With the entire world confronting the growing and far-reaching impact of COVID-19, today Ontario’s government laid out its much-anticipated economic and fiscal update.
Consistent with its responses to date, the action plan announced today injects highly-targeted funding to meet Ontario’s most critical needs. These include:
- increasing capacity and access to critical equipment in the healthcare system;
- providing meaningful financial support for individuals and families; and
- helping businesses stay afloat and re-tool as they struggle to weather the storm.
The message from Ontario Minister of Finance Rod Phillips could not be more clear:
“The people of Ontario can be confident their provincial government is acting decisively to weather the challenges ahead. This update will ensure our health care system has the resources required to respond to COVID‐19, that our people are supported as they deal with a global pandemic, and that actions are taken to protect jobs and ensure long‐term economic growth.”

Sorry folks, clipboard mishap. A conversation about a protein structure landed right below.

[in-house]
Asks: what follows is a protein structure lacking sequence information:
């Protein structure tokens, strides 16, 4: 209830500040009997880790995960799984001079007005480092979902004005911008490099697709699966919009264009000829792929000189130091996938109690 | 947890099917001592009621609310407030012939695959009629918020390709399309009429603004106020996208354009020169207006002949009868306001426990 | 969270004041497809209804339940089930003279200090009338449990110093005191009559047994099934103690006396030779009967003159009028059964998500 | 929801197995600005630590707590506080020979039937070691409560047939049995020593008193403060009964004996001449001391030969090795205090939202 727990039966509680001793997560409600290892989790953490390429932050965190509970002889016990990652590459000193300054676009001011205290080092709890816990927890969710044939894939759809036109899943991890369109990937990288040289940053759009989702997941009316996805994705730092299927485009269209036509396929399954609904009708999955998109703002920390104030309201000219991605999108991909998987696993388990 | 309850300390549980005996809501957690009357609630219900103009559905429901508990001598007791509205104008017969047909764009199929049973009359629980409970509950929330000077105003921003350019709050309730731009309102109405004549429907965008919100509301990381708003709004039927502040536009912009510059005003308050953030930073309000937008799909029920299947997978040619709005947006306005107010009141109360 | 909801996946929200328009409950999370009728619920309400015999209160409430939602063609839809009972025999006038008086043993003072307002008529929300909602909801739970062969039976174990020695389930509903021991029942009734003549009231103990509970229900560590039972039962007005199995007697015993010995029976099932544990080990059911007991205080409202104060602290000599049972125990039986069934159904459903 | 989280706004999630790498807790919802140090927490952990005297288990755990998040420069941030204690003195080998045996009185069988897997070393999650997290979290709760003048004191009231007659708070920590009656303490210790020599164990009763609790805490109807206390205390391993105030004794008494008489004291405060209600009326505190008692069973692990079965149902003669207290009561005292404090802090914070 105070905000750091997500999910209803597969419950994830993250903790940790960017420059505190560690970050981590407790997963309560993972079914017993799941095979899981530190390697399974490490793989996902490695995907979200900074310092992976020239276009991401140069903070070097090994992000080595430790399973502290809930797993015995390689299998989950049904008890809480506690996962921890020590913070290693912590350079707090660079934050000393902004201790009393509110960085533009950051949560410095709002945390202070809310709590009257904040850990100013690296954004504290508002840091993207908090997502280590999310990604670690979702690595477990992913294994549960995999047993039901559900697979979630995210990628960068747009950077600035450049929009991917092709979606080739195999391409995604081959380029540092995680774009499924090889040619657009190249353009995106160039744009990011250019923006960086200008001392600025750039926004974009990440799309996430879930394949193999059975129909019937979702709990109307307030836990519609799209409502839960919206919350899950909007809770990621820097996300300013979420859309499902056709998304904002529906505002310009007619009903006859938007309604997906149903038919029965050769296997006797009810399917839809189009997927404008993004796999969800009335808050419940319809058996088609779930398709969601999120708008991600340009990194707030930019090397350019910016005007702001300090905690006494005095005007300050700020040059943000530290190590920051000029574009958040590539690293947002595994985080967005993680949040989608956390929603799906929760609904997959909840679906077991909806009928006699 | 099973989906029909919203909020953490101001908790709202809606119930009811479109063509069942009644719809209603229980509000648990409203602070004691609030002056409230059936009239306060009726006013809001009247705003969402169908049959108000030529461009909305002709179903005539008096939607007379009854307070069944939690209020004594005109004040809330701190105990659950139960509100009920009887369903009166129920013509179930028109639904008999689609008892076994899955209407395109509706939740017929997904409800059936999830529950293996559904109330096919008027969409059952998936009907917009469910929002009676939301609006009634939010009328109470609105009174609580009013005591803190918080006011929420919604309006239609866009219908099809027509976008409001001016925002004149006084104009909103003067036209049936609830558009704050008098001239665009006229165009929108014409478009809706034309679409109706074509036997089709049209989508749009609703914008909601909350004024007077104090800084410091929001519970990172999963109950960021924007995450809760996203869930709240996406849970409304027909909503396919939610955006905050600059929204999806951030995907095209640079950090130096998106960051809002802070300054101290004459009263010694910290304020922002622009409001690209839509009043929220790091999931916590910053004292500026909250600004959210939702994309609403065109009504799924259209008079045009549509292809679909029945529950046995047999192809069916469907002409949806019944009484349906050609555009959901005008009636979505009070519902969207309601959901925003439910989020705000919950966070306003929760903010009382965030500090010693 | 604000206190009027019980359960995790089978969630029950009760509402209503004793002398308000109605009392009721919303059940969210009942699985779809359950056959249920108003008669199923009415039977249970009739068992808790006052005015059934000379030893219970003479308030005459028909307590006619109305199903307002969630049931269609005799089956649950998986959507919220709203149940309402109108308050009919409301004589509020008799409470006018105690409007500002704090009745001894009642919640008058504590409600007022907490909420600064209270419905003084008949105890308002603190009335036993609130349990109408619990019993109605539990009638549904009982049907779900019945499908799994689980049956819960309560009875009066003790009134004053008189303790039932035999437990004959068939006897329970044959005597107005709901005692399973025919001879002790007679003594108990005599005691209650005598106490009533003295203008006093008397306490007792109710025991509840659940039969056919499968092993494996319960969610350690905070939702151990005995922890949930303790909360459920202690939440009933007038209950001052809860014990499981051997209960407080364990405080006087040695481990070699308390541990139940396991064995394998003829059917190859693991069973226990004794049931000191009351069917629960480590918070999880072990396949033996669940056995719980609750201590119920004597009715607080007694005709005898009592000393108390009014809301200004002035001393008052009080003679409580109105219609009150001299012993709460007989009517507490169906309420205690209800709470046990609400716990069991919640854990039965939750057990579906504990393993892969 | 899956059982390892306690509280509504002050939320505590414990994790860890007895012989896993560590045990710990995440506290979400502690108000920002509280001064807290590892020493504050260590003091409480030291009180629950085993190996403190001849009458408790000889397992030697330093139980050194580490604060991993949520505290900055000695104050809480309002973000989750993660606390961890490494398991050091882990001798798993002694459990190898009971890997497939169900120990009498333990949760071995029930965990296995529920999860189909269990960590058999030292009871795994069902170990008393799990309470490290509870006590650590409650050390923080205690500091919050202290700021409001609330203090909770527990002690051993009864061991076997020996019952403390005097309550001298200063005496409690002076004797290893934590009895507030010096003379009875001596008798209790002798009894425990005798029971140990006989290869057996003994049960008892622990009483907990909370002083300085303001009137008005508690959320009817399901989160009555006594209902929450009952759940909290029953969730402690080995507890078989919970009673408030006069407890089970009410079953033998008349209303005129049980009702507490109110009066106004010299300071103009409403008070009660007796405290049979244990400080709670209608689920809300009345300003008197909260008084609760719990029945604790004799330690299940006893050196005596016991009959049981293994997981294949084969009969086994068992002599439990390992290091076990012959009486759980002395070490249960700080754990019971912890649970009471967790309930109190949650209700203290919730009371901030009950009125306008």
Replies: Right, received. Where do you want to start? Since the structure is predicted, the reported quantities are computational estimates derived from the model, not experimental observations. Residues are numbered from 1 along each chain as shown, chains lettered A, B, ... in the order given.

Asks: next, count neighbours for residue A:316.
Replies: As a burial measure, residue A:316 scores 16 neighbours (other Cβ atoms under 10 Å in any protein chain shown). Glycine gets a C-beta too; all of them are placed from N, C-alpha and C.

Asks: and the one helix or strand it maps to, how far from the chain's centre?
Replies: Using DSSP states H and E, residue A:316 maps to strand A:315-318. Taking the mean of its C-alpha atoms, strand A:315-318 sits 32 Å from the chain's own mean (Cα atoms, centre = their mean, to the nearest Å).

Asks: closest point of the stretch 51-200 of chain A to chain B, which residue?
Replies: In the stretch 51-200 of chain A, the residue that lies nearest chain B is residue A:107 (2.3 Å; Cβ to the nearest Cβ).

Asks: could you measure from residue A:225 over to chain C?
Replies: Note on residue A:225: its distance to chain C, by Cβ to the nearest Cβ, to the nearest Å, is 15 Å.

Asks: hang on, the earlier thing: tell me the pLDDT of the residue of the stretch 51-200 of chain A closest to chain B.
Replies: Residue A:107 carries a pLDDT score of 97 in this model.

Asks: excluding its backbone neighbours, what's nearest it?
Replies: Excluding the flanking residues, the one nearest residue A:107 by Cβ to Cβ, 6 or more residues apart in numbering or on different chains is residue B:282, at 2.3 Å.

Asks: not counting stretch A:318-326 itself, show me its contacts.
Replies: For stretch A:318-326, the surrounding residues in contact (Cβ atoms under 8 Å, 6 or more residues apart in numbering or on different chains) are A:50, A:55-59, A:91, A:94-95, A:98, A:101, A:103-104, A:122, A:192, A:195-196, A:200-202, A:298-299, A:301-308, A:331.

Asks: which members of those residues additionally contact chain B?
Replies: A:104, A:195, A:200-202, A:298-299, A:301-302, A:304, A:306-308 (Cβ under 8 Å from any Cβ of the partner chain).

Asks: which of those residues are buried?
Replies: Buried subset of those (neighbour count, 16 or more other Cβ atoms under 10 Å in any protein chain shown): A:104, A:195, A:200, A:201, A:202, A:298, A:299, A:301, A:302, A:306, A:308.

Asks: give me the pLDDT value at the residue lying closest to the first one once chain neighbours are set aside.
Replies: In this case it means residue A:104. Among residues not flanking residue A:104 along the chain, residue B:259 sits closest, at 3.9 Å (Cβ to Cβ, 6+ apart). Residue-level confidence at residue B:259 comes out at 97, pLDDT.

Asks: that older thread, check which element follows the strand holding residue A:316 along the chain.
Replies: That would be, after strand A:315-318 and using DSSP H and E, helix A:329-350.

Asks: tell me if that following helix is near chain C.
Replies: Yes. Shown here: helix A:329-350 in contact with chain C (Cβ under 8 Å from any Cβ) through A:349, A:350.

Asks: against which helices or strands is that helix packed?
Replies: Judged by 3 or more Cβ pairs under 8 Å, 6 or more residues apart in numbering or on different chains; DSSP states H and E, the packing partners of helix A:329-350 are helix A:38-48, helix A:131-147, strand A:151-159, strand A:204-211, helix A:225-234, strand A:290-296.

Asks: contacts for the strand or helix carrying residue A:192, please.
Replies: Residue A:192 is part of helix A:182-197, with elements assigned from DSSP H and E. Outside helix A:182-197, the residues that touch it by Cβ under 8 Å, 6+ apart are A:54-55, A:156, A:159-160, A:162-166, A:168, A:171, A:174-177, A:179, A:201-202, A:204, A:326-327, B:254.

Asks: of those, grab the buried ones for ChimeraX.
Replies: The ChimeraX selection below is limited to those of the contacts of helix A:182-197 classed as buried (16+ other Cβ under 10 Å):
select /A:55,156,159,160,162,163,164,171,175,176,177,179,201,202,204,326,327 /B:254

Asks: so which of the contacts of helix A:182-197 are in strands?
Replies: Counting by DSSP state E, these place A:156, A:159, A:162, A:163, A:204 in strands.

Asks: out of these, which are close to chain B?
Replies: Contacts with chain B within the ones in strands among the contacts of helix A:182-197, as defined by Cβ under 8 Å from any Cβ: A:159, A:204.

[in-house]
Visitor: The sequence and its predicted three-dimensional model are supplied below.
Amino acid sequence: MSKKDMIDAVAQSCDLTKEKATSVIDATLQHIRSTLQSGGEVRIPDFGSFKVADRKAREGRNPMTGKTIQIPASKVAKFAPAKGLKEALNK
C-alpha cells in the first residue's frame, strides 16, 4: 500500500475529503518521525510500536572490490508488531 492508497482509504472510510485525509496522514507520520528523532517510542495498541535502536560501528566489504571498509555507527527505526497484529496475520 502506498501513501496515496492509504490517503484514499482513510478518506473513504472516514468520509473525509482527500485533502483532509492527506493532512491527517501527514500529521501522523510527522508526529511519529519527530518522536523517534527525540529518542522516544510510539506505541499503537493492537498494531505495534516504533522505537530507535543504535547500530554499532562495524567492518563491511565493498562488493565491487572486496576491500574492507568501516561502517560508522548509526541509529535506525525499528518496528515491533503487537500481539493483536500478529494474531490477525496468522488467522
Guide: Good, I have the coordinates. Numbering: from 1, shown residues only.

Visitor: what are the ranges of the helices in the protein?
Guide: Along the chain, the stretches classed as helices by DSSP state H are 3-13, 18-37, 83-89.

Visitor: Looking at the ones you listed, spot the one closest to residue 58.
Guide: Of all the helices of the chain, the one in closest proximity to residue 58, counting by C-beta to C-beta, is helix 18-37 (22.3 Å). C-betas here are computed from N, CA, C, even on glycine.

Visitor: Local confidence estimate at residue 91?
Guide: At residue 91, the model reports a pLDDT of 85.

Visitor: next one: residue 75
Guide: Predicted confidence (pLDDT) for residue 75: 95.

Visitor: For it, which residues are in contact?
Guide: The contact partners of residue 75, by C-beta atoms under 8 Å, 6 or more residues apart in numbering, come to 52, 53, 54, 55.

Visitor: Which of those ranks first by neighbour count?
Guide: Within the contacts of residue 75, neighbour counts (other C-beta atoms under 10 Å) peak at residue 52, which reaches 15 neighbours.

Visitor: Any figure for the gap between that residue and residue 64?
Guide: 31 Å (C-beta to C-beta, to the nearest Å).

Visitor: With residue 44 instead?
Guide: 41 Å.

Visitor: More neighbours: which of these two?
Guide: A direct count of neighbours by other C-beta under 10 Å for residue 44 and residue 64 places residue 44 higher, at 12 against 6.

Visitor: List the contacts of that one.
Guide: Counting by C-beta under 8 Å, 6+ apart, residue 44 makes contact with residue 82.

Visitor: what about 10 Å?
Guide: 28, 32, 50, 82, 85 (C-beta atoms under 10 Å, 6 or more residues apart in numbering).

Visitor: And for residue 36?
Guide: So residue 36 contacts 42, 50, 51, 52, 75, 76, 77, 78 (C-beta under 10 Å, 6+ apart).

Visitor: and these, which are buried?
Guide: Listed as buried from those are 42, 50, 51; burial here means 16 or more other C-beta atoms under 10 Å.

As anticipated, the government focused their attention solely on their response to the urgent pressures and needs that emerged during the COVID-19 crisis. Today’s update does not include the usual plethora of new programs and initiatives across government, or any of the announcements made in the Fall Economic Statement.
With full support from the opposition parties, this update tosses out previous deficit targets in order to confront this crisis:
- The 2019-20 deficit was amended down slightly to $9.2 billion from the 2019 Budget estimate of $10.3 billion.
- For 2020-21, based on the COVID-19 action plan, the deficit will more than double to $20.5 billion.